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The oversight on Facebook's Oversight Board

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One of the year’s biggest stories at the intersection of technology and power is the Facebook Oversig
 
January 29 · Issue #448 · View online
The Interface
One of the year’s biggest stories at the intersection of technology and power is the Facebook Oversight Board. For the first time, a tech giant is seeking to give some of its power back to the people — in this case, in the form of an independent 40-member board that will serve as a kind of Supreme Court for content moderation. This week, Facebook announced that the board would likely begin hearing cases this summer — it also named the person who will lead the board’s staff, and released suggested bylaws.
So, what are people saying about the news?
A complaint by a target of a bogus political ad is bound to come before the board eventually, which will certainly take on the case. Or Facebook itself might send the issue to the board. After all, this issue satisfies almost all the factors listed by Facebook itself when assessing important cases. (A subset of the board’s members will sit on a selection committee.) According to an explanation of the board’s charter written by Facebook, these include severity (“the content reaches or affects someone else’s voice, privacy or dignity”); public discourse (“the content spurs significant public debate and/or important political and social discourse”); and difficulty (“there is disagreement about Facebook’s decision on the content and/or the underlying policy or policies”). It’s almost as if the whole project was created specifically to rule on Zuckerberg’s stance on political ads.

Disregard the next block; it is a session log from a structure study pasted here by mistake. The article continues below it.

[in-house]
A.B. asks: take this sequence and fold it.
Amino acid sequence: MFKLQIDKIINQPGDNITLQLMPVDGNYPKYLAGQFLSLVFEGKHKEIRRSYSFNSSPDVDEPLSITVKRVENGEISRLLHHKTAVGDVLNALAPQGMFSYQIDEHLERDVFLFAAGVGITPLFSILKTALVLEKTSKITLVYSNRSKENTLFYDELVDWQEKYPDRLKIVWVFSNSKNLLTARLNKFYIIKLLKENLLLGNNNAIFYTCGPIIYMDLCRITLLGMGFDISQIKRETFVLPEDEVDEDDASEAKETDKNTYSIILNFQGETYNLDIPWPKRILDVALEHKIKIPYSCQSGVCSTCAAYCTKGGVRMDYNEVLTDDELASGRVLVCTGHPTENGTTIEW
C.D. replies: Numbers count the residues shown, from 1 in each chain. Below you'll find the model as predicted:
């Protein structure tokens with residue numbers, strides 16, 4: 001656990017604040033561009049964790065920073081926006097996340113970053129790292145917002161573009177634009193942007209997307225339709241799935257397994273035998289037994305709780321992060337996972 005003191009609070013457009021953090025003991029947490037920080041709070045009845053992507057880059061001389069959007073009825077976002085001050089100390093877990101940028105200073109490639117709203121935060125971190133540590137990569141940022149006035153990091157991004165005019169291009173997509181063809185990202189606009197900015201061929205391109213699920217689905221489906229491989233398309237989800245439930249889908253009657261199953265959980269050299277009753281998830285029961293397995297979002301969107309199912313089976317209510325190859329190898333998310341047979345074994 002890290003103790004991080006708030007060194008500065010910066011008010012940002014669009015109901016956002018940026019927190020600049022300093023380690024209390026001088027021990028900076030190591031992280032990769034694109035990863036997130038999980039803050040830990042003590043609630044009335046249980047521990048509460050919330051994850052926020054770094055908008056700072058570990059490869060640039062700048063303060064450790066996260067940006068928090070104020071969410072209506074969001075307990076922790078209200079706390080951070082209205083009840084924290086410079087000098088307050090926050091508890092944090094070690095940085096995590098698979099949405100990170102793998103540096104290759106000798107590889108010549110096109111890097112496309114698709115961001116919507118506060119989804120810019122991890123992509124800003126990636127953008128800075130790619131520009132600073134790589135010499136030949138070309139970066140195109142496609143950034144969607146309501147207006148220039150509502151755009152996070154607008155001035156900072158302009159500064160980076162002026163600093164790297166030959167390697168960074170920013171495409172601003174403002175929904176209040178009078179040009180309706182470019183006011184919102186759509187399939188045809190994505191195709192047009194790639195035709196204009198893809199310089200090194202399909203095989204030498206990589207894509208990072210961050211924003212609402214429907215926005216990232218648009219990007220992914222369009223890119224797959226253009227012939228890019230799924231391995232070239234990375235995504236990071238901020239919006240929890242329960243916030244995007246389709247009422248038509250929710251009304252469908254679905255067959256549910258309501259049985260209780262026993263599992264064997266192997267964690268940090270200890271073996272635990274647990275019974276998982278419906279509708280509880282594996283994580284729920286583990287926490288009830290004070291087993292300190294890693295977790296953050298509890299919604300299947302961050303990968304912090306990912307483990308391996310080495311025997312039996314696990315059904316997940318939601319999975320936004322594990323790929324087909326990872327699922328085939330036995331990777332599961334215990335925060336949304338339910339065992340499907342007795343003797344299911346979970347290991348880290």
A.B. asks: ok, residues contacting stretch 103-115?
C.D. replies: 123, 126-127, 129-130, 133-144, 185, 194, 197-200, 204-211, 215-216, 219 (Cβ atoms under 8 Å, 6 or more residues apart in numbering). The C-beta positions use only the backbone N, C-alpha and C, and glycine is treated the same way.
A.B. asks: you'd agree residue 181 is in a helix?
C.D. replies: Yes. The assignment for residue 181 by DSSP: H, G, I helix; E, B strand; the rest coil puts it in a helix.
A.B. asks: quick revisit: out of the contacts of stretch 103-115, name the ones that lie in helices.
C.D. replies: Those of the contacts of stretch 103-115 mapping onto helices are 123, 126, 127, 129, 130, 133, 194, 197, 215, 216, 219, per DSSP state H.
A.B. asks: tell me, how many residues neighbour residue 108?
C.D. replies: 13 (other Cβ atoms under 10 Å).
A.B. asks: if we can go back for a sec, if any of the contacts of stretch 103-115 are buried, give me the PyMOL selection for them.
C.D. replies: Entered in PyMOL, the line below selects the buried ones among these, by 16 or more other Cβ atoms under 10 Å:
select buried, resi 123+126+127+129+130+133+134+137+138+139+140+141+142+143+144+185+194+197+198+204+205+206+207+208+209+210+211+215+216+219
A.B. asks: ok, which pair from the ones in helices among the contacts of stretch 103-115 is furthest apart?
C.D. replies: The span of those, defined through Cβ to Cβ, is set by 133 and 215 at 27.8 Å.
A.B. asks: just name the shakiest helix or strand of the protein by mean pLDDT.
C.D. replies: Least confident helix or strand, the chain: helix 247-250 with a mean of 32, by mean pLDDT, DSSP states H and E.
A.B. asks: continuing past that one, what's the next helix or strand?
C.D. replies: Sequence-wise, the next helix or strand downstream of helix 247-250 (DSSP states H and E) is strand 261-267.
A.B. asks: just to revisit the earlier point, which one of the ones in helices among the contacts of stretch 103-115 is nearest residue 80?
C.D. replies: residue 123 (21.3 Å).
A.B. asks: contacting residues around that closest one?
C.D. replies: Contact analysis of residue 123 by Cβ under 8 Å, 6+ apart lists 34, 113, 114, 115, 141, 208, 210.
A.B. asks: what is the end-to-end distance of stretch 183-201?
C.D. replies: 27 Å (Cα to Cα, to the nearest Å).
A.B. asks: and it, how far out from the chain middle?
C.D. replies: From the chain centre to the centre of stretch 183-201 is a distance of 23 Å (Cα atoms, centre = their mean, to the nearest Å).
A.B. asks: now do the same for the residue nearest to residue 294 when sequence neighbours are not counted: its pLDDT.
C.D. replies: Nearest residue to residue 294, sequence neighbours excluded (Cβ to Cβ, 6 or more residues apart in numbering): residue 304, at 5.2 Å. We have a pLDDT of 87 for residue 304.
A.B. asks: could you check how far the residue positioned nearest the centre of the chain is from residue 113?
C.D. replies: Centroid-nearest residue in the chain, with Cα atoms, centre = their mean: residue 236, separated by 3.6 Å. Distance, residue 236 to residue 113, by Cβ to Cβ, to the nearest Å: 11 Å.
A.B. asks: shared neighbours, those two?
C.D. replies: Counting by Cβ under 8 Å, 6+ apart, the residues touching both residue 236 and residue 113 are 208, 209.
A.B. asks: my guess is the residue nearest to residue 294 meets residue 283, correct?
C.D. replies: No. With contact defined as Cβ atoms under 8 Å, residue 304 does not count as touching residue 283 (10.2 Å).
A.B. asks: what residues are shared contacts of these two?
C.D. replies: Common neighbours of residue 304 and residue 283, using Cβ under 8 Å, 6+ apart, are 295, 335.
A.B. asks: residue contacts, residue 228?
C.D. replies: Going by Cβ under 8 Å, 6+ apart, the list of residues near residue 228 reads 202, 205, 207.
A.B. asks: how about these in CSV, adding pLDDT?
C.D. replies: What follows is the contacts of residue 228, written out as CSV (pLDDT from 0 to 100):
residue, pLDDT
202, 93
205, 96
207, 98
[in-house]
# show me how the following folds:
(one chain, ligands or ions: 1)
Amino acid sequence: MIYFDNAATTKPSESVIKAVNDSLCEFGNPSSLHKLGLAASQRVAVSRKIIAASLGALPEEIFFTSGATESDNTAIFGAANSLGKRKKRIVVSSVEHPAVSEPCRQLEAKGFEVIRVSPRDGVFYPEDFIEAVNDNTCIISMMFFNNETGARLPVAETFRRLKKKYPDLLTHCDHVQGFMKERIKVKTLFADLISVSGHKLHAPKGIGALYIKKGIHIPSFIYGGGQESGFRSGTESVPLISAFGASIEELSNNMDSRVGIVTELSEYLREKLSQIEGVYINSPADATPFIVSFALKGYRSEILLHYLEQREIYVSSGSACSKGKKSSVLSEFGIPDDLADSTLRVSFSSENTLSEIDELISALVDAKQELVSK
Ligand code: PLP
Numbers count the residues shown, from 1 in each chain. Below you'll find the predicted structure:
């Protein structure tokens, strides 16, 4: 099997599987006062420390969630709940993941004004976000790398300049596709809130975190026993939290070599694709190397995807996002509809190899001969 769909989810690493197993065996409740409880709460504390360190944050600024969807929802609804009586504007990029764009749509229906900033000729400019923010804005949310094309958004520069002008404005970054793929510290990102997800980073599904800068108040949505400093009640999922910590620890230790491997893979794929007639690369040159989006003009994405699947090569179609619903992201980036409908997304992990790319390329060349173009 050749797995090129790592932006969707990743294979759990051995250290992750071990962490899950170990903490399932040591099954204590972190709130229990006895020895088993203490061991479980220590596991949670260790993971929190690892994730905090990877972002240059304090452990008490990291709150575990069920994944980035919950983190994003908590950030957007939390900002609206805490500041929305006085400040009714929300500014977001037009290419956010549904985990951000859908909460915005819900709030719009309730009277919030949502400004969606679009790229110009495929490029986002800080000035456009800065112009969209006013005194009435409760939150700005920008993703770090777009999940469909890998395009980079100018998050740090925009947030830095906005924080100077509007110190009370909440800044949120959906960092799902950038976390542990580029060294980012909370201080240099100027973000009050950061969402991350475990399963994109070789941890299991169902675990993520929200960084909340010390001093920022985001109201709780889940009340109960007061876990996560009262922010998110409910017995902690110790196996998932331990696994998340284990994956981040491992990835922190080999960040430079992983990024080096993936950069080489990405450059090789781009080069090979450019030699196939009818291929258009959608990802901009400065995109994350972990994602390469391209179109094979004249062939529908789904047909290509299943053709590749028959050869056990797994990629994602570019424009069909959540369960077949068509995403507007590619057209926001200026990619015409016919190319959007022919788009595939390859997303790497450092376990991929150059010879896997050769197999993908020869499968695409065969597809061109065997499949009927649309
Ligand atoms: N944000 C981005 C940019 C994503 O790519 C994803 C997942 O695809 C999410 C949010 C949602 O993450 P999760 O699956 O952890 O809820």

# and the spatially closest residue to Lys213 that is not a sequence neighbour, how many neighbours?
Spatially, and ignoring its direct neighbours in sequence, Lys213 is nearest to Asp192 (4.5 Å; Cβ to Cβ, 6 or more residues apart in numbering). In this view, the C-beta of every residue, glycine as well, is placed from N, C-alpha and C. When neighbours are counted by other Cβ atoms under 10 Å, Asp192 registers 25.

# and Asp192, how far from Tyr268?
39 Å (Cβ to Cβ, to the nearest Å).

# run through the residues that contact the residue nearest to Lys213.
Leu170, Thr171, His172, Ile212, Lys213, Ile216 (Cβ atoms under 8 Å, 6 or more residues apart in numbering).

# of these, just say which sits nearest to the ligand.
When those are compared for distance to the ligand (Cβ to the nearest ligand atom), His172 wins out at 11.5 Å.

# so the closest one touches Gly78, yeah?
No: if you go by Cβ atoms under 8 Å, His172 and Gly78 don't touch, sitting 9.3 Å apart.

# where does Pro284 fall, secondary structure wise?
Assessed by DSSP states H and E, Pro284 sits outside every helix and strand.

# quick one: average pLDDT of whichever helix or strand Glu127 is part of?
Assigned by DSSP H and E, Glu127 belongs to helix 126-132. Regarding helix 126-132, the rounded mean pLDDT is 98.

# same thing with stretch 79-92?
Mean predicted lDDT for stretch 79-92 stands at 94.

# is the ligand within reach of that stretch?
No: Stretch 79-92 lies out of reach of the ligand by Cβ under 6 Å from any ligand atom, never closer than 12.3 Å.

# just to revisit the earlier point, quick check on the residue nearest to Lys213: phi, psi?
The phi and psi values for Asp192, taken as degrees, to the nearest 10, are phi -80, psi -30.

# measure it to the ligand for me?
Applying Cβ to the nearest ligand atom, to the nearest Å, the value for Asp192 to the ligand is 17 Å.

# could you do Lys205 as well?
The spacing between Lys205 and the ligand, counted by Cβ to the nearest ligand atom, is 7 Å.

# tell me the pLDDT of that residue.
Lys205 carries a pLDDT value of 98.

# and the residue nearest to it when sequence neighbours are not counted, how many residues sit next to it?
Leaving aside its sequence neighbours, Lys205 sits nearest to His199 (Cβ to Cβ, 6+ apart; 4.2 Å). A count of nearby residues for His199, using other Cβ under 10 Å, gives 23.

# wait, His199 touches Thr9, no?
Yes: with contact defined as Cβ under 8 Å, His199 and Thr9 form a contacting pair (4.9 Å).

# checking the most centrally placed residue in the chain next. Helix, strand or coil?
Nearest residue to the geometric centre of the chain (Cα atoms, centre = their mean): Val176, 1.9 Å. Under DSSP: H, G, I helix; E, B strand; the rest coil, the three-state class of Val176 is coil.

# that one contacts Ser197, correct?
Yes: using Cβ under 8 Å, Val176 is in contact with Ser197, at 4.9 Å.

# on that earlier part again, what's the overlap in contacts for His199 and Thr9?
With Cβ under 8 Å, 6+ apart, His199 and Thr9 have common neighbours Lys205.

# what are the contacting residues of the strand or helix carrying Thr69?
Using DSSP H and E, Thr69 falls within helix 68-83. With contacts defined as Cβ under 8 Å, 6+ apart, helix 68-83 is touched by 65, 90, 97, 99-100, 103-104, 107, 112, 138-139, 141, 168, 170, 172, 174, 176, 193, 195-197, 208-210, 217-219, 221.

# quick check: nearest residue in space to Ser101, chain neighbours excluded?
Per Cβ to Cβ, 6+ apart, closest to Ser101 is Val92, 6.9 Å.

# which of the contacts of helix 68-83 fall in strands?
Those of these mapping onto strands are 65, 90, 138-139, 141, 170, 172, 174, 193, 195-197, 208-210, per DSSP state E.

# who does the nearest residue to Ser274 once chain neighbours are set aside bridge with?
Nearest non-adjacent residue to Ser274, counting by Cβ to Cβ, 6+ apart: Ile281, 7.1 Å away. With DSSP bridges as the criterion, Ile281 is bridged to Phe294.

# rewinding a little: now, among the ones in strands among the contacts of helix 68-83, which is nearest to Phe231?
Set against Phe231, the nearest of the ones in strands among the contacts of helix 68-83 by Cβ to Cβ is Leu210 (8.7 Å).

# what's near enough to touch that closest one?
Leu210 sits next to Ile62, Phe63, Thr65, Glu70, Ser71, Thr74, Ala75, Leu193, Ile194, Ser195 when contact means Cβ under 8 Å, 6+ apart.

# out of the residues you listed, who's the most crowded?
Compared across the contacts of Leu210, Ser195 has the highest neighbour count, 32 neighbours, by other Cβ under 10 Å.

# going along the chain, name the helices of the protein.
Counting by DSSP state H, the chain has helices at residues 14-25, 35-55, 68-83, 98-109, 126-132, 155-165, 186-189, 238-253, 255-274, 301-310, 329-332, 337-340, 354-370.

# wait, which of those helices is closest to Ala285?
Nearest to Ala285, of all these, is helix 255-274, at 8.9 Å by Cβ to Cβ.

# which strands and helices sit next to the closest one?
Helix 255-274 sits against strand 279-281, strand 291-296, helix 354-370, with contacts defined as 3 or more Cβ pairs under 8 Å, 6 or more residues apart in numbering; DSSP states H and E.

Nick Clegg, the former UK deputy prime minister who is now Facebook’s head of global policy and communications, confirms this. “I think this political ads issue of how do you treat political speech is exactly the kind of thing where it would be very interesting to see how the board thinks,” he says.
I’m less certain the board will have a say here. It will have the authority to remove (or leave standing) individual pieces of content, as well as issue policy advisory opinions. Key word: advisory. And while an opinion by the board that Facebook should fact-check political ads would have some weight — and could provide political cover for Facebook to reverse course, should it decide it wants to — ultimately the decision will likely still remain with Zuckerberg.
At Lawfare, Evelyn Douek zooms in on one of the more peculiar features of the board, at least at launch: it will only review cases in which an individual believes their content was removed in error. If a post was allowed to stay up in error — a piece of viral misinformation about a health crisis, for example — the board will initially have no jurisdiction. (Facebook says that it will get such jurisdiction in the future but won’t specify a time frame.) Douek writes:
Limiting the board’s jurisdiction to take-down decisions stacks the deck somewhat. It is like introducing video appeals to tennis to make calls more accurate but allowing players a review only when balls are called “out” and not when a ball is called “in,” no matter how erroneous the call seems. For those in favor of longer rallies — which probably includes the broadcasters and advertisers — this is a win, because only those rallies cut short can be appealed. For those in favor of more accurate calls generally, not so much. Indeed, on a press call, Facebook made this bias toward leaving things up explicit: The limited ambit of operations to start is “due to the way our existing content moderation system works, and in line with Facebook’s commitment to free expression” (emphasis added). Maybe so, but it is a disappointing limitation and represents an uncharacteristically incremental approach from a company famous for “moving fast.” It is important to hold Facebook to its commitment that this will be changed in the near future.
It all feels rather like … an oversight.
If Facebook expands the jurisdiction to include takedowns within the first few months of the board’s operation, I don’t think this omission is that big a deal. Much longer than that, though, and I’d say Facebook has a problem.